January 8, 2001
By MICHAEL O'HANLON
WASHINGTON &emdash; During the presidential campaign, George W. Bush opposed using American military power to stop tragedies like the 1994 Rwanda genocide. He viewed such interventions as strategic luxuries that the United States simply could not afford.
The United States certainly cannot be the world's policeman. But with nearly a half-million people dying each year in civil conflicts around the world, a president cannot suggest indifference to the world's worst atrocities simply because they do not affect America's core interests.
Fortunately, there are ways to prevent atrocities in distant parts of the world without turning to the American military. The solution is to help other countries improve their ability to use force to save lives.
In some regions, like Europe, the United States needs to provide only a little encouragement. European countries currently spend two-thirds of what the United States spends on defense, but focus excessively on protecting their own territories.
To deploy significant numbers of troops beyond the NATO region, European countries must purchase ships and airplanes, as well as trucks and other equipment that allow them to operate a long way from home. The Clinton administration has sometimes discouraged Europeans from this task, because of an overwrought worry that NATO could be weakened if the European Union becomes militarily stronger. Mr. Bush should cheer them on.
But the real opportunity, as well as the real problem, is in Africa. Although conditions have improved in places like Rwanda, Sudan and Somalia, terrible wars continue in Angola, Congo and Sierra Leone. A number of African countries, led by Nigeria, have tried to send troops to quell some of these conflicts; after all, it is in their best interest to do so. But they often lack the basic means to get the job done.
This is where the United States can help. We can provide equipment, training and general financial support so that African troops can carry out more of the missions that we prefer to avoid.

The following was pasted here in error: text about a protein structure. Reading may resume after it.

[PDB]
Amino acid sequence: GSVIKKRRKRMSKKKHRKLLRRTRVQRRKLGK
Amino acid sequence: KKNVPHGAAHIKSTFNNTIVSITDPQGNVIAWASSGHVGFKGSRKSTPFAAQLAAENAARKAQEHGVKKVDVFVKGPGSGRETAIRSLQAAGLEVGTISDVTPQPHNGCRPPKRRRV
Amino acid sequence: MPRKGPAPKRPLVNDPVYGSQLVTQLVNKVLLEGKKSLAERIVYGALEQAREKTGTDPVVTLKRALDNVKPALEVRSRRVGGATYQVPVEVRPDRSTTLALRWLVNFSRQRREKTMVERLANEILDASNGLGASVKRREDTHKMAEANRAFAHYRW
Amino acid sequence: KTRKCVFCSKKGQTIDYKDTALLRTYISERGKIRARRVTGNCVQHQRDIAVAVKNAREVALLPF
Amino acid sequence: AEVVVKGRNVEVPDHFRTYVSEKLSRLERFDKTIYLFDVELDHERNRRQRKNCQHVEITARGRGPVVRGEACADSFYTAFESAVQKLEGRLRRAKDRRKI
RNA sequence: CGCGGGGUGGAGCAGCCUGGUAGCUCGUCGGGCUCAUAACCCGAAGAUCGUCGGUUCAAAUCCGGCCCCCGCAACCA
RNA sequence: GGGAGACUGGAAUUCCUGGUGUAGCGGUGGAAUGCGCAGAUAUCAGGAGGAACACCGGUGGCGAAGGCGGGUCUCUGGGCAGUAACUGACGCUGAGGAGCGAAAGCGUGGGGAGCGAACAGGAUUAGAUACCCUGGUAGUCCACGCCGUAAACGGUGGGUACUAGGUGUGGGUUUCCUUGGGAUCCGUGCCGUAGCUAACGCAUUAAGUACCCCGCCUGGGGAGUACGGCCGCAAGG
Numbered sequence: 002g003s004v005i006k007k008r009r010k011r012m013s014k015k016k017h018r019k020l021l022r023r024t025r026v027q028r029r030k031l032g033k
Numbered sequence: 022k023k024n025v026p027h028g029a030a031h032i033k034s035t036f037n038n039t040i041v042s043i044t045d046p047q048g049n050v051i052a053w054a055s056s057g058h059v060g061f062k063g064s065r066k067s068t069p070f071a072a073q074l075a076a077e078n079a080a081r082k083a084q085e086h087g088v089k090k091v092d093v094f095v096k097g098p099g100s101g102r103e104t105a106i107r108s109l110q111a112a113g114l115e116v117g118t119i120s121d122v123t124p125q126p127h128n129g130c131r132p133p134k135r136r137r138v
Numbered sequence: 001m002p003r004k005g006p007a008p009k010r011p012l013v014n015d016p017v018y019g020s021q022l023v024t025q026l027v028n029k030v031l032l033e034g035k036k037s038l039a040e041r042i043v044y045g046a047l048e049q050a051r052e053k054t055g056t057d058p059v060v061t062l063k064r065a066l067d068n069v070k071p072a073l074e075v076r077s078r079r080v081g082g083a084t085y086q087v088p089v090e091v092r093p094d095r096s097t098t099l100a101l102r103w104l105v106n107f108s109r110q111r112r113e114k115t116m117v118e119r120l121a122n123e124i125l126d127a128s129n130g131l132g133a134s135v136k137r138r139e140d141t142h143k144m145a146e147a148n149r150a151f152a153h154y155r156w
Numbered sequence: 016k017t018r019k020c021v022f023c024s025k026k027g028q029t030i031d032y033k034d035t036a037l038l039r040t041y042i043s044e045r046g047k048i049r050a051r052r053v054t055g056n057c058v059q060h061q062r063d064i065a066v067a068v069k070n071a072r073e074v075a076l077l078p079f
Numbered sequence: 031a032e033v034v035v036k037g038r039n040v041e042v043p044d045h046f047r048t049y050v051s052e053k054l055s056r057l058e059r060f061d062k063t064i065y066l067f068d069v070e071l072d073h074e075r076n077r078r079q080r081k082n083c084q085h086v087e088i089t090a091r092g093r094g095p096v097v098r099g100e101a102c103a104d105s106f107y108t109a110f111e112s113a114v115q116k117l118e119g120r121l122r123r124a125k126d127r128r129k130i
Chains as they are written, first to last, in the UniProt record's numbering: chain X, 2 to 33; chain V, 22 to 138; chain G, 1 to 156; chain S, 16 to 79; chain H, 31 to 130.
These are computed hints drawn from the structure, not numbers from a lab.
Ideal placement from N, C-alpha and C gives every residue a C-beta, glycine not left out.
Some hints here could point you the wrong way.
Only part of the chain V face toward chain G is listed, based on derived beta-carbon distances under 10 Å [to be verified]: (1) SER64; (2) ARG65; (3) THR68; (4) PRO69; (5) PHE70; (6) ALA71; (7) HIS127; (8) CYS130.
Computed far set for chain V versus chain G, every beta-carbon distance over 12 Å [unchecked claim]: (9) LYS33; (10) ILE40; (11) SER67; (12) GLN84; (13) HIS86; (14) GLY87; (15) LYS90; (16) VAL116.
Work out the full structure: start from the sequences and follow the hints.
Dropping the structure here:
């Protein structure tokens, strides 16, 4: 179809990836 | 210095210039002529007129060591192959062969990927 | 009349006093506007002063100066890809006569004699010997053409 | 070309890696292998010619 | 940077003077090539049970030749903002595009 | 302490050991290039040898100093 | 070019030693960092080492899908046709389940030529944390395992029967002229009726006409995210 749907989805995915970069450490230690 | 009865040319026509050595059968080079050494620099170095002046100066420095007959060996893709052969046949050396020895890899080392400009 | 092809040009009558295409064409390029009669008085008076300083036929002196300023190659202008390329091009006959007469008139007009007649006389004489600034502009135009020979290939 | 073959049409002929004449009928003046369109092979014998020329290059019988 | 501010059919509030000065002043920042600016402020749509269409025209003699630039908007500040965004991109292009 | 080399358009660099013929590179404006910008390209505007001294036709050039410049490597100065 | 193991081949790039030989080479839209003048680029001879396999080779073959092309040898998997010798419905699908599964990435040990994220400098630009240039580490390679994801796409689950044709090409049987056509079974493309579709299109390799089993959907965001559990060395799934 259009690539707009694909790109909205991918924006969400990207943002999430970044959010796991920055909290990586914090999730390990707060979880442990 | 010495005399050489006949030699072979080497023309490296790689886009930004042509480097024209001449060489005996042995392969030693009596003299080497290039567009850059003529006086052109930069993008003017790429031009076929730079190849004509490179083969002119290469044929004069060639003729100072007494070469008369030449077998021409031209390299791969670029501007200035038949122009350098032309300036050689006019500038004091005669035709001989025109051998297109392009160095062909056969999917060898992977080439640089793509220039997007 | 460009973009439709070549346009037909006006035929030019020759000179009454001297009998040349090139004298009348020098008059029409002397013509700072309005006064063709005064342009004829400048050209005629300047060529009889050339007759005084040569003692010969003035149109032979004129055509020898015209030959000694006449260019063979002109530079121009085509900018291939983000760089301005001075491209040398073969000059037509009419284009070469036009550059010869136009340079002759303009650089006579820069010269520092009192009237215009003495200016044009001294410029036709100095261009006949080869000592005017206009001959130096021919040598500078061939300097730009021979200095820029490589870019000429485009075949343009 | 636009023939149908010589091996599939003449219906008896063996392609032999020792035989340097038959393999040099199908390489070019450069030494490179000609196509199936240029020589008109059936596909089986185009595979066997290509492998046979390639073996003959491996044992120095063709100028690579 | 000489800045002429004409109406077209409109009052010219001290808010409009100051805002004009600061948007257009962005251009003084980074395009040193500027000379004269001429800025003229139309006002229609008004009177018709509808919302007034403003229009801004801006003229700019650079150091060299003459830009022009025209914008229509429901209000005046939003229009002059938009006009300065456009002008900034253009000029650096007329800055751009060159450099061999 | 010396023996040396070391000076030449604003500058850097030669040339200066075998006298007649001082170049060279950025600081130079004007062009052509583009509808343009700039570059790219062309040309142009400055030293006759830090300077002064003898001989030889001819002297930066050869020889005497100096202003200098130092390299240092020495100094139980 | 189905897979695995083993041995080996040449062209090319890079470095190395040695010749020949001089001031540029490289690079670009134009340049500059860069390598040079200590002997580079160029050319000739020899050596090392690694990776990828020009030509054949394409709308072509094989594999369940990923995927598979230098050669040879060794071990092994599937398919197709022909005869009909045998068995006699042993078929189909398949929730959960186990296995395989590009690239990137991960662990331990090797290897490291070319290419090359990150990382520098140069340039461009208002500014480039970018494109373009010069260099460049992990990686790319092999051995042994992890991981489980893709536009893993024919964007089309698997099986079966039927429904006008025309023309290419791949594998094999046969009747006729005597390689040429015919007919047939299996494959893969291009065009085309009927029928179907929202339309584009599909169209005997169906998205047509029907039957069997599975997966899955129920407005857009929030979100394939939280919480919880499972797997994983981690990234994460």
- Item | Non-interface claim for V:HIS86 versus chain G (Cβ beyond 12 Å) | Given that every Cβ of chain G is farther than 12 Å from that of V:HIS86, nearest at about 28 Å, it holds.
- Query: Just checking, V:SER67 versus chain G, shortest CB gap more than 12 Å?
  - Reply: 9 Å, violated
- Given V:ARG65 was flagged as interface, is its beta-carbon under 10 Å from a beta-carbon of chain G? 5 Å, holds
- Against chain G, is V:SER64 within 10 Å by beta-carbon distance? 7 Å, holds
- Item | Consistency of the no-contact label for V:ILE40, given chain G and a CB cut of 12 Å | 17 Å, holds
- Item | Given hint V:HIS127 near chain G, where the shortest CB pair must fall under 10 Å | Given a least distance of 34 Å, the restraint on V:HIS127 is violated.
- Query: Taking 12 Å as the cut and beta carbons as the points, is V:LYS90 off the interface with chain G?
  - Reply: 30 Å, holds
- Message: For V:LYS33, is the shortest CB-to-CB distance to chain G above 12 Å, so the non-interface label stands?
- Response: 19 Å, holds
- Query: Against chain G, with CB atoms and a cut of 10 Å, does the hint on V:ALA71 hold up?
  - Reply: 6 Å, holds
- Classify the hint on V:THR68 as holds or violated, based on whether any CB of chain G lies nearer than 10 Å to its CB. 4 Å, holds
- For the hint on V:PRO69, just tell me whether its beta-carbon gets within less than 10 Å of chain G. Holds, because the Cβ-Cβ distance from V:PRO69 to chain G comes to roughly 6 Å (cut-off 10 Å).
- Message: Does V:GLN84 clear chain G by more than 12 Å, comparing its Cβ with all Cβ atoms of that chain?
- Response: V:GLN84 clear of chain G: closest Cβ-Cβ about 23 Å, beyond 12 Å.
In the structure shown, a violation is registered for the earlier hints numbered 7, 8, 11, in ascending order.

To its credit, the Clinton administration, after its shameful non-intervention during the Rwanda genocide, moved in this direction. It created the Africa Crisis Response Initiative to help militaries in the region prepare for difficult operations. The program has been a success, but it receives only $20 million a year and has trained just 6,500 troops. The program has given African troops only nonlethal equipment like communications gear. These troops also need trucks, light armored vehicles and other equipment that can be used to uphold ó or impose ó peace.
The Bush administration should expand this program dramatically. A serious peace operation could require anywhere from 10,000 to 50,000 troops. That means that the current program should reach at least 10 times as many soldiers as it does today. And the program needs better equipment if African troops are to effectively counter opponents like the brutal rebels of the Revolutionary United Front in Sierra Leone.
The price tag for these efforts would be considerable, but not when compared to what it costs to send American forces abroad. Expanding the training program might cost $200 million a year. Buying enough equipment could cost $5 billion over several years. If the United States split the cost with its allies, we would spend about $500 million a year ó much less than we typically spend when American troops carry out peace operations.
This proposal could elicit a positive bipartisan reaction on Capitol Hill, even though it requires an increase in foreign aid. To begin, the program could help relieve peacekeeping demands on American troops. In addition, since the African response program is run by the State Department, Colin Powell would presumably direct it. His military experience, together with his personal reputation, could reassure members of Congress who might otherwise be wary of supporting international peacekeeping efforts.
To be sure, there may be peace operations in which the American military must play a role. For instance, Mr. Bush would be mistaken to believe that American forces can be quickly withdrawn from Kosovo, where conditions remain tense and where NATO allies rightly expect American leadership and participation.
Nor would this program be a panacea for all civil conflict. There would still be a need for debt relief and traditional foreign aid, since they reduce the likelihood of civil conflict in the first place.
But if America leads a major effort to train and equip the militaries of other carefully chosen countries for peace operations, violence and human suffering in regions like Africa can be reduced.
Michael O'Hanlon, a former Peace Corps volunteer in Congo, is a senior fellow at the Brookings Institution.